News | 07 May 2021

Is creativity a mindset or a deliverable?

In B2B, it takes a methodical approach to make the magic happen

Often in marketing, the word ‘creative’ is used as a noun to describe a piece of work that is delivered to clients. This could be a piece of design, a video, a brand slogan or a set of ideas. There’s an idea that there’s some sort of magic going on – that the creatives do their thing and pull something inspired out of the hat. But it’s important to recognise that creativity is a cognitive process that allows you to get to the end result – solving a business problem or challenge, and generating new opportunities,

There’s a lot of preparation involved in this process. You’ve got to go wide and gather information – start looking around and researching the topic, going through all the information the client has given you, and look outside what you’ve been given as well. You need to think about the business, the customer, the competitors and the wider context. And then you can start to dig into it, and develop thoughts or ideas or directions out of that. Then you filter down iteratively until you get to the things that are really going to work.

So as well as talent, creatives need the experience of being able to spot things, where they’ve seen something done before and know what works. And they need to keep their eye on the pulse of what's going on, which the client may not necessarily have the bandwidth to do. In the world of art, someone could just be this inspired individual that instinctively knows the right way to go. But in design and branding, creativity really benefits from time in the field and experience.

At Embrace we work in highly regulated world of B2B, which gets pretty complex and technical, and is quite far from the often impulse marketing of FMCG. Large commercial companies need to work within strict brand guidelines to achieve coherence and consistency. But it’s our job to push boundaries when necessary, because we’re looking to create something that stands out and grabs attention. And sometimes you can't do that by being timid or accepting all the constraints. It's about recognising what the boundaries are and presenting strong reasoning as to why they need to be pushed in any particular case.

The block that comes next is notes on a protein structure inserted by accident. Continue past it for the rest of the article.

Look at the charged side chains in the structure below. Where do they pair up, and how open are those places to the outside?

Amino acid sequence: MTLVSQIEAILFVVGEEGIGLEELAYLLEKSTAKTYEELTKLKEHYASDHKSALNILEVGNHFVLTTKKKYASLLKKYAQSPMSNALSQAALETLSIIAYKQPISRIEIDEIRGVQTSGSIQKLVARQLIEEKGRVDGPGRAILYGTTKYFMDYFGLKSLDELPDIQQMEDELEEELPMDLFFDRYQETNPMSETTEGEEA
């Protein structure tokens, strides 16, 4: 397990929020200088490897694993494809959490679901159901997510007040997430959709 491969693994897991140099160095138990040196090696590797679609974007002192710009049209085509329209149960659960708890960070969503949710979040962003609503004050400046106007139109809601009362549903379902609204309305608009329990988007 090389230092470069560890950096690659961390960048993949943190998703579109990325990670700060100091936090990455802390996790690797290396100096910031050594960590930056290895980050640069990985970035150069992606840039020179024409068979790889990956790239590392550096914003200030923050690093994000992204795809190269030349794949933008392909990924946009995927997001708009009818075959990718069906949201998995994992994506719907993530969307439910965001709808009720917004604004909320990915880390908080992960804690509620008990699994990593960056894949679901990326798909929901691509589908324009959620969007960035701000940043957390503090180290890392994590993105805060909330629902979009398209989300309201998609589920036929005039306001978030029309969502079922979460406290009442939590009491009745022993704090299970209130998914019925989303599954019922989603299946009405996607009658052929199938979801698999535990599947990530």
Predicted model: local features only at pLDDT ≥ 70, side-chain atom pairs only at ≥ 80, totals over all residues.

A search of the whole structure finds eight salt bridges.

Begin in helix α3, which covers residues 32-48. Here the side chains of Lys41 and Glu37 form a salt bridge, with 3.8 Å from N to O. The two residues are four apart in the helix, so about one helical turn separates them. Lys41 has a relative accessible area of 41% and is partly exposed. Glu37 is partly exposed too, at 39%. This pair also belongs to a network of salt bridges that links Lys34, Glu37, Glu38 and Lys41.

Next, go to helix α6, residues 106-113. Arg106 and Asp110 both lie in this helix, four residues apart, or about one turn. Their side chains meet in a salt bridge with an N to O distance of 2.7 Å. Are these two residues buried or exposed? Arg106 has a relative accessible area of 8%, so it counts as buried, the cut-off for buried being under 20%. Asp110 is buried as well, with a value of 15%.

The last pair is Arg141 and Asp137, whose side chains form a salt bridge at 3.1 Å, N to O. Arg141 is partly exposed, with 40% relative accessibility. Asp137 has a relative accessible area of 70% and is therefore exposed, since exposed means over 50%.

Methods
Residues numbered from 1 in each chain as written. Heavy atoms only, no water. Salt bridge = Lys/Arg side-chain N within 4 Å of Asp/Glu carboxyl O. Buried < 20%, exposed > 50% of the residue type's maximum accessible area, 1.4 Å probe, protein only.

You might not be able to be as instinctive and expressive in B2B, but in a way, it could be argued that you have to be more creative. You have to work harder to get inside the project and find out how it’s going to work. Within the creative process it’s really important to find the little nuggets that really going to matter when you get to the more expressive part. Working within parameters that are a little less flabby, and more constrained, it means you’ve got to focus on where you can make a difference. As David Ogilvy once said, “give me the freedom of a tight brief.”

Part of our process at Embrace is to collaborate with the client to arrive at a tight brief that creative solutions or output can spring from. We look to answer all the possible questions and make sure we’re focusing on what their audience actually wants, rather than what the client wants to tell their audience. And when the client has more involvement in the creative process, and input into what's going on, they often become bigger champions of what's happened as a result of it.

Ultimately with creativity, you’re making connections between bits of information that you've been given, or have found out, and from those connections come new ideas or new things. The shape of the result could be something the client didn't think they needed when they first came to you. It’s about making something new happen. There would be no point going through the creative process if you ended up in the same place. New images, words and concepts generate new possibilities for the business. So the process continues long after the piece of work is delivered.

If you’d like to discuss using creativity to overcome business challenges, drop us a line at

Paul Turner,
Creative Director